This event will represent an opportunity to showcase young artists and bring together two worlds, which otherwise barely come into contact with one another: that of the experimental digital literature forms deriving from the second half of the 20th century avant-garde movements and that of the digital writings, as used by authors coming from the book world and who have taken over the digital technologies, namely blogs and e-books. In this context, the Musique et Informatique de Marseille (MIM) laboratory associates with team Écritures Numériques from Paris 8 Paragraphe laboratory, the digital literature European network Digital Digital Digital Littérature (DDDL), the Electronic Literature Organization (ELO), the Bibliothèque Publique d’Information (BPI), the Bibliothèque Nationale de France (BNF), the Cube, the Labex Art-H2H coordinated by Paris 8 and the École nationale supérieure des Arts Décoratifs (EnsAD) to organize the following events:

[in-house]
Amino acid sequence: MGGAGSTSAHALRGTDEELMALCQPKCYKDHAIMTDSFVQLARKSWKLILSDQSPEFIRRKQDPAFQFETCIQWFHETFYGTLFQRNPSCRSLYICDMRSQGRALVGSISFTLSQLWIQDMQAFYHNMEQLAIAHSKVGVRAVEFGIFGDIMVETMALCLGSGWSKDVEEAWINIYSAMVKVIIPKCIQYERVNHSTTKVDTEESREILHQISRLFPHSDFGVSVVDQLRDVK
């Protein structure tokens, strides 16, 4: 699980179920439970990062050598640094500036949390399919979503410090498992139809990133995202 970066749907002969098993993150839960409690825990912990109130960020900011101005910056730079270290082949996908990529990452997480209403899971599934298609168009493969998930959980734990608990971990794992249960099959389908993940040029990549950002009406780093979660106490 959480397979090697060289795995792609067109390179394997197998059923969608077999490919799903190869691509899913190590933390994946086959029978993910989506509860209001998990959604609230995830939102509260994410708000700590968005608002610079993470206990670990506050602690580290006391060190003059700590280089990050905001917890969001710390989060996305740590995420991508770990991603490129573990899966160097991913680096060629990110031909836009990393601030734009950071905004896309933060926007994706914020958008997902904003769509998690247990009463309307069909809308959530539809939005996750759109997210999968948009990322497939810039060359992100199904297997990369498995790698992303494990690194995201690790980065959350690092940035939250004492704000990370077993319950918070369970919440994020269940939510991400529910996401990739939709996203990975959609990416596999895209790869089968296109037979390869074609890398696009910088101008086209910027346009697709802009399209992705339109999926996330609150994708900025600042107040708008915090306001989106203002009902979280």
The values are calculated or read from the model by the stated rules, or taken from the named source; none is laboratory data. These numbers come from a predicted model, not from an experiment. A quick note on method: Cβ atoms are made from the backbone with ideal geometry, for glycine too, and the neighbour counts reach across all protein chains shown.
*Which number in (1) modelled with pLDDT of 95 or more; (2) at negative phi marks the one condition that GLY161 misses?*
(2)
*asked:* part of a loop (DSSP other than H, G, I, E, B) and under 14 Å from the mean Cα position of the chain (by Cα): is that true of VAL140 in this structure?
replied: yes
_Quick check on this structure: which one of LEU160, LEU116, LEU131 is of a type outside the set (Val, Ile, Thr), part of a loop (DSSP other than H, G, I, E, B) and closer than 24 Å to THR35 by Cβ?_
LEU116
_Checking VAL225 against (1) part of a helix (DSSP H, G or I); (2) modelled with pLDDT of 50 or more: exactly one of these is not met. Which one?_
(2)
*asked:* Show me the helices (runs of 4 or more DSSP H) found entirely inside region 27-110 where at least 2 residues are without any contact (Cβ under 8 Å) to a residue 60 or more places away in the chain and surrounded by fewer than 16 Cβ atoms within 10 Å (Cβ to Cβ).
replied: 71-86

• An online virtual gallery on the DDDL network website.
  • Four events consisting of performances and projections of works, from September 23 to 26, 2013, in the small room of the Centre Pompidou, the big auditorium of the Bibliothèque Nationale de France and the Cube amphitheater.
  • A six-week exhibition on “digital literatures from the past and future” in the BNF lab room of the Bibliothèque Nationale de France, which will be launched on September 24, 2013. This exhibition will feature the virtual gallery and a selection of digital literary works with emphasis on the works designed for touch-pads and e-readers.

Artists, especially young ones, are invited to propose one or several work(s). Please send your proposals to work@chercherletexte.org before February 18.

This is a summary of the call – see www.chercherletexte.org for full details.

The Tale of the MLA E-Lit Exhibit, Reading